for now, let the subject field remain empty for want of a good subject, of course. haven't written in a while and am unsure where this is gonna lead to: whether i'm gonna talk abt the trip or abt something else, so forget the subject for the time being.
i was thinking of sikkim. i've been there once in 94, as part of the 186 basic course from the himalayan mountaineering institute in darj. we had trekked from yoksum (5,000 ft) up to chaurikiang in three days, carrying at least 18-20 kgs of luggage on our backs. in chaurikiang (15,000 ft) we were taught ice climbing and some rescue techniques. i loved the self arrest exercises where you had to slide down a slope for a certain distance and then suddenly turn around and arrest your fall by digging your axe into the ice. that was thrilling because the instructor at the edge of the cliff wouldn't have been able to hold a snowball hurtling down at such speeds. on the penultimate day we were made to climb a small peak for beginners, called the BC Roy peak, named after Dr Bidhan Chandra Roy. It was at a height of 18,000 ft. The view from there was awesome as we could see all the fourteen peaks (E - K - Ka - Lho - Ma -Dhou -Ma - Cho -Na - A -Ga -Ba -Ga -Sa). I remember some of the names even today: Everest, K 2, Kahnchendjunga, Lhotse, Manalsu, Dhoulagiri . . .
But when I think back after 12 years, the only peaks I can clearly remember are Frey and Amadablam. George Frey died on Frey peak on a day Tenzing had sensed danger. Tenzing was his sherpa then and not a well-known figure. He asked George not to attempt the climb on that day but of course a sherpa's knowledge of the weather is not to be trusted on the mountains, right? My point is, this peak, named after poor Frey, is absolutely conical in shape. As in, much like how a child would draw a mountain in 2-d, and very unreal. I remember it because we were taken to the place where one starts the climb for Frey peak. And we could see it from our base camp every night, a dark shape in a starlit sky.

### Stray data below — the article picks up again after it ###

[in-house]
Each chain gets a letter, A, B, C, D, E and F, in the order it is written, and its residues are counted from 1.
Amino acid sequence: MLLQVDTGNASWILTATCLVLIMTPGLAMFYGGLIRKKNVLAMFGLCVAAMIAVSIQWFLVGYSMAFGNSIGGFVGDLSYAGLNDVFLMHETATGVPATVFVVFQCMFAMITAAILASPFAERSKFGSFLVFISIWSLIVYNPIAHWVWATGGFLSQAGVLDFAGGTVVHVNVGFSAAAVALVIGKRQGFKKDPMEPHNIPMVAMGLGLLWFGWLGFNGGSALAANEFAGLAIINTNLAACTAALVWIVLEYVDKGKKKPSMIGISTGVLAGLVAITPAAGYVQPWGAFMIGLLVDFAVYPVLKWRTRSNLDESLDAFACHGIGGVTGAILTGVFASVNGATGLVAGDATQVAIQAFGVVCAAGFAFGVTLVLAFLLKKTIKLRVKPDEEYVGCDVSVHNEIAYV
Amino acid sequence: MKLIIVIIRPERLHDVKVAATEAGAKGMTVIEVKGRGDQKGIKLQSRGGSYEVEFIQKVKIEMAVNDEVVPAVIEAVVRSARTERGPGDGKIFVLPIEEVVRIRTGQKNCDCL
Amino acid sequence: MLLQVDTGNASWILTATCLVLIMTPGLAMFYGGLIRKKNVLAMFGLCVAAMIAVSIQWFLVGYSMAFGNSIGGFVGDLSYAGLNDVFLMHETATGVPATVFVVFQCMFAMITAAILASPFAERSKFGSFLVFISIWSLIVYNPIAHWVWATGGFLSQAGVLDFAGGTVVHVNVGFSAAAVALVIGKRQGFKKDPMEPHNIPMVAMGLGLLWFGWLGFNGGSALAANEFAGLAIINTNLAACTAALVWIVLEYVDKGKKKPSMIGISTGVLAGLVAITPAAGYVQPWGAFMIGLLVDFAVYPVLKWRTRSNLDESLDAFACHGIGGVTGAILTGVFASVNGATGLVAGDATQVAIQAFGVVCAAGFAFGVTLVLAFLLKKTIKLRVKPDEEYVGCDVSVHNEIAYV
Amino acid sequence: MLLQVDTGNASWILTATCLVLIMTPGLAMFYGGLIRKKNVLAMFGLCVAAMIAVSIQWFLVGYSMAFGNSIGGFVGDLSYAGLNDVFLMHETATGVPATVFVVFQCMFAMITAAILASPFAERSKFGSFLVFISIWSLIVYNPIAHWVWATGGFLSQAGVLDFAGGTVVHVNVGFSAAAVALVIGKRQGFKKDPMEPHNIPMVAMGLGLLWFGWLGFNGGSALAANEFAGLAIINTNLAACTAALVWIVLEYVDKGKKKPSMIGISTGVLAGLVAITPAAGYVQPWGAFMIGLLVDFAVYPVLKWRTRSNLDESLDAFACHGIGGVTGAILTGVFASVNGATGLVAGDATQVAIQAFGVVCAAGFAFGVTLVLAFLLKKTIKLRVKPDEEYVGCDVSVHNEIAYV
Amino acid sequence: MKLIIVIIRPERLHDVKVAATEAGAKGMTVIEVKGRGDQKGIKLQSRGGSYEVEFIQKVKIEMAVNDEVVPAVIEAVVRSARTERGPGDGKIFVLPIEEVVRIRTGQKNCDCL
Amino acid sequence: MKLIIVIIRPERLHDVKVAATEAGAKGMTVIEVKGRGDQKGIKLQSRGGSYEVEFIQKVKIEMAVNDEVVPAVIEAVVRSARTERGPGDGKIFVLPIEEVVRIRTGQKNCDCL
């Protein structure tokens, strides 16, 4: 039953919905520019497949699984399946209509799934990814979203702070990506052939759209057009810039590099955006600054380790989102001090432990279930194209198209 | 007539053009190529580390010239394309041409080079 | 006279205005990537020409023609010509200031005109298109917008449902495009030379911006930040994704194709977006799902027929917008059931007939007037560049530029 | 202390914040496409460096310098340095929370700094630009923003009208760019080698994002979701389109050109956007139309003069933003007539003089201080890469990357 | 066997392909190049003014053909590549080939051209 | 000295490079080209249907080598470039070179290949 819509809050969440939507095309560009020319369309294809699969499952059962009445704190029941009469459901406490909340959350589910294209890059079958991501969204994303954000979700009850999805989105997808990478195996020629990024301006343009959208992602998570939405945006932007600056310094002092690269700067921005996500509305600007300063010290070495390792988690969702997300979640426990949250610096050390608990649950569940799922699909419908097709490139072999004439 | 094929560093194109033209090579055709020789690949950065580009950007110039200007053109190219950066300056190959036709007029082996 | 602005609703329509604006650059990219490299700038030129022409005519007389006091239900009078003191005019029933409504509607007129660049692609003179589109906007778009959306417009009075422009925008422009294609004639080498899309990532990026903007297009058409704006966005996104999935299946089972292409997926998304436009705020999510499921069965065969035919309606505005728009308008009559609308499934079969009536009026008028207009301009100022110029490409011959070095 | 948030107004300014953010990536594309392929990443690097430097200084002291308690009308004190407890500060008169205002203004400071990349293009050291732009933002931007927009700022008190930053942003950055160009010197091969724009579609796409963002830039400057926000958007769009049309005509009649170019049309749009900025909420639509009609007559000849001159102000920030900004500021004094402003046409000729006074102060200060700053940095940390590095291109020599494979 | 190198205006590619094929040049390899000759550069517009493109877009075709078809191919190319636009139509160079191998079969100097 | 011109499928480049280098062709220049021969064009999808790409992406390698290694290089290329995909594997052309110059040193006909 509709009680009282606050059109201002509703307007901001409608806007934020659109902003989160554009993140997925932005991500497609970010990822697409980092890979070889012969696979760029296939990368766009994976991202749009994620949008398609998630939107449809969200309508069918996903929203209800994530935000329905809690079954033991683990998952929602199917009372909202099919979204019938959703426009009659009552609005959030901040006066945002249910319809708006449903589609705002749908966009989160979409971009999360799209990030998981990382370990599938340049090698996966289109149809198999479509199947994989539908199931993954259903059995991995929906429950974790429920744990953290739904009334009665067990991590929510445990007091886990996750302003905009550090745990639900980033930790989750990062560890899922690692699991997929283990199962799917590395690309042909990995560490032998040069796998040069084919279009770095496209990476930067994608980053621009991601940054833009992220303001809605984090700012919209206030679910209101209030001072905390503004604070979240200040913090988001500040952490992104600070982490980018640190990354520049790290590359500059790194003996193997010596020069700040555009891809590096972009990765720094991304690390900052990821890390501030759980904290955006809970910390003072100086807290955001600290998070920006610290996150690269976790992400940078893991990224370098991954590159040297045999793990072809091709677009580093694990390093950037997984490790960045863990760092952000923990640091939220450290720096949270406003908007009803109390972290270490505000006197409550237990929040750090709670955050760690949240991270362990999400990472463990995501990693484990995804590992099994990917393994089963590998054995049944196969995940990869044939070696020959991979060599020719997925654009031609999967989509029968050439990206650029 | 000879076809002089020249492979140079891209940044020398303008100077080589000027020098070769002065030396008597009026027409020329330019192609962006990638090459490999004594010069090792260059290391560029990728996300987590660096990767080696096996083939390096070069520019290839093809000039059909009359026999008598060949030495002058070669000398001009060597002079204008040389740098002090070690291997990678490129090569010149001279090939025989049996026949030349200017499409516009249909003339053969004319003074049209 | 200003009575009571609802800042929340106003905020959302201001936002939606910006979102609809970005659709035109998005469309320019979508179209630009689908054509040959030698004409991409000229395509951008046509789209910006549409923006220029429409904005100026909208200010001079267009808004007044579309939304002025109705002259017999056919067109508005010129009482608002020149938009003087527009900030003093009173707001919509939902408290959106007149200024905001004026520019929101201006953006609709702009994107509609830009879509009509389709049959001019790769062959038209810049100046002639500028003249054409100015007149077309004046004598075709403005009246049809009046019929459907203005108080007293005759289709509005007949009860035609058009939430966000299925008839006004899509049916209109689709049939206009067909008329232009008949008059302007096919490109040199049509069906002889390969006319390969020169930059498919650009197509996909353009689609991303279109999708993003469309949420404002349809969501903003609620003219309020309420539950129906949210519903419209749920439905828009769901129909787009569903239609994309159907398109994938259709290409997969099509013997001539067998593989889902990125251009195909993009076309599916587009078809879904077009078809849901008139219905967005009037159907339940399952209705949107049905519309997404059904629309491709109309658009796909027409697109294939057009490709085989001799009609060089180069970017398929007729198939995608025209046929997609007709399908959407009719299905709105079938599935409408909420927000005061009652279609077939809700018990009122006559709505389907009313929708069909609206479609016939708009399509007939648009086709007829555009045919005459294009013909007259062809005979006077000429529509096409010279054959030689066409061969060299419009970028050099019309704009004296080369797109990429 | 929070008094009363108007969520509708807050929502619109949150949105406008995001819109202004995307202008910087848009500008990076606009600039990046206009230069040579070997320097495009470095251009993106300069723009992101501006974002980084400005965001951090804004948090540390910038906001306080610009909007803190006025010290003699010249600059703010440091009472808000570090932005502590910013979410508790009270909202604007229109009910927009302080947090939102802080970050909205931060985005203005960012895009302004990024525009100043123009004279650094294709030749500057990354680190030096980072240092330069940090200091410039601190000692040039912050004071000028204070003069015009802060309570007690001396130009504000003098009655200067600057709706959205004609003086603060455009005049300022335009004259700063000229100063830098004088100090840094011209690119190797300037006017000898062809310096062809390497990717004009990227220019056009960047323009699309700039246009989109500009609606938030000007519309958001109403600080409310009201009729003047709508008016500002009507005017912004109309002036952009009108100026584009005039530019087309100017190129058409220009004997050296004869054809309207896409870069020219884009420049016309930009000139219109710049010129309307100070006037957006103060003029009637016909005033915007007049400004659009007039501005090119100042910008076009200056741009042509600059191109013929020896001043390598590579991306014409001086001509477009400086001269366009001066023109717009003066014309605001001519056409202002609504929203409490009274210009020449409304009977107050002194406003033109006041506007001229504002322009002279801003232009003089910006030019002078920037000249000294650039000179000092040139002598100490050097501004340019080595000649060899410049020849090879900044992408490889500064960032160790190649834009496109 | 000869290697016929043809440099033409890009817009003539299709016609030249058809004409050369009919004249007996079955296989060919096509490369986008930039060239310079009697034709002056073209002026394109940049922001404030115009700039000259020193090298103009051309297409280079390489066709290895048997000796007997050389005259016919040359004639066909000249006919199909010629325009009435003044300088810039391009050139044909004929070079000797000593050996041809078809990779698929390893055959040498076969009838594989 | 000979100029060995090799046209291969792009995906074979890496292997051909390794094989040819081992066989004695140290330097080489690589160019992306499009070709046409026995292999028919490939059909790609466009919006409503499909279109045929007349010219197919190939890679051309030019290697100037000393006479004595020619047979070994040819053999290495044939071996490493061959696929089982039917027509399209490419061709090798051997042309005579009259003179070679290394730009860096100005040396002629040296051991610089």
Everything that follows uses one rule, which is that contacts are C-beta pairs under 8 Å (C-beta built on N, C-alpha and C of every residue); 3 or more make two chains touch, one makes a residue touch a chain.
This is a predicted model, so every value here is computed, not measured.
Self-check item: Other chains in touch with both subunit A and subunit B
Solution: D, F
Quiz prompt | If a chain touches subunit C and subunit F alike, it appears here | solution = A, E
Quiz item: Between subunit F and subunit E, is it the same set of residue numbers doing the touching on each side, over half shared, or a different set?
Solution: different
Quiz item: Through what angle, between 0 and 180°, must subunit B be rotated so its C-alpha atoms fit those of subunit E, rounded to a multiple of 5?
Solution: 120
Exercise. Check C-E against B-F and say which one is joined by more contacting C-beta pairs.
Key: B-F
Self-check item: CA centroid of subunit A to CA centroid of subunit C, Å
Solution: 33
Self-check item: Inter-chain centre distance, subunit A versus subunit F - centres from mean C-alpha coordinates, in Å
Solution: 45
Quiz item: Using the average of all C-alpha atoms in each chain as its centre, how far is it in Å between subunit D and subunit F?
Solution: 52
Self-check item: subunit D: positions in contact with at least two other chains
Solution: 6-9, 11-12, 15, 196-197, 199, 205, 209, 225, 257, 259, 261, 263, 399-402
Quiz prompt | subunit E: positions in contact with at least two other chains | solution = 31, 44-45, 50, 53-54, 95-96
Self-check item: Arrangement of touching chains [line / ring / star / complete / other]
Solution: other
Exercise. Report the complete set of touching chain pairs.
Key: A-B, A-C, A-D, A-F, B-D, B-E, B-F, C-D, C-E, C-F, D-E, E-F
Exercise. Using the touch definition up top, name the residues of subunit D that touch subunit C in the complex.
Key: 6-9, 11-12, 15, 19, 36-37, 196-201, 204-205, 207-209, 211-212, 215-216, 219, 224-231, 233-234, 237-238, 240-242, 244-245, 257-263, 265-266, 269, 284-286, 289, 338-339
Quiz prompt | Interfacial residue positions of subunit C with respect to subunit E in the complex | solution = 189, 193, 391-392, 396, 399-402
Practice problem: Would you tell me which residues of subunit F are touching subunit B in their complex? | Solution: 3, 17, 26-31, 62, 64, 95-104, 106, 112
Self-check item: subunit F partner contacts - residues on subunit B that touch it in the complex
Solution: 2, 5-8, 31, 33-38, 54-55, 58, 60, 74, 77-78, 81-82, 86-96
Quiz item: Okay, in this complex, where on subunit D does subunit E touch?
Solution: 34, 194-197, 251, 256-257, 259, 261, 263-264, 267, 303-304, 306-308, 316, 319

The other peak was Amadablam, a phallus by all means. Dunno why the Hindus don't call it Shiva's phallus yet. Maybe it skipped their minds, or maybe when the ancient Hindu scriptures were written, people hadn't seen the Amadablam. It goes straight up and is rounded at the tip.
The nights were scary because every time we had to pee, it meant wearing your snow boots and walking 50 meters in the snow to the nearest loo. And as we all know, you get the urge at least three to four times in such cold weather. We were 43 guys in the log hut and the door must've been opened at least 129 times each night. Maybe more. For many days after that I could hear heavy boots in my sleep, trudging up and down like half-asleep zombies on the wooden floor.
But once you were outside the hut (-15 C), you could see the dark mountains standing all around like huge godzillas, almost reaching up to the stars. Numerous stars. I bet you haven't seen so many stars together. The entire spectacle had a very humbling effect on an otherwise arrogant me. So what if you can trek all day with 20 kgs on your back? You are frigging nothing standing like a microbe in front of the mountains, at the mercy of the gods who have humored you and kept you alive. Let this microbe brag around about his stamina. It will be a comic relief, they must've said to themselves.
The postman came with our mail every second day. And one day there were two letters that are still unopened. Dunno how much strength I'll have to borrow from the mountains to choose one.
Am going to Calcutta this December and something inside me is egging me on to make a trip to Sikkim, alone. I will be absolutely quiet about it and drive up to Sikkim in two days. I can park anywhere and sleep in my jeep, but the very thought of going near the highest mountains in the world is keeping me awake every night. I may not get a glimpse of Amadablam and Frey, but to be able to stand there in the snow, looking up...
It would also mean sacrificing a lot of other things. I may not get to spend time with some dear frnds. I may not get to spend much time with my dad, who is 69 already and is busy reading, even this moment, am sure.
The time has come to choose from the two letters. And this time I will open one, once I'm in Sikkim again.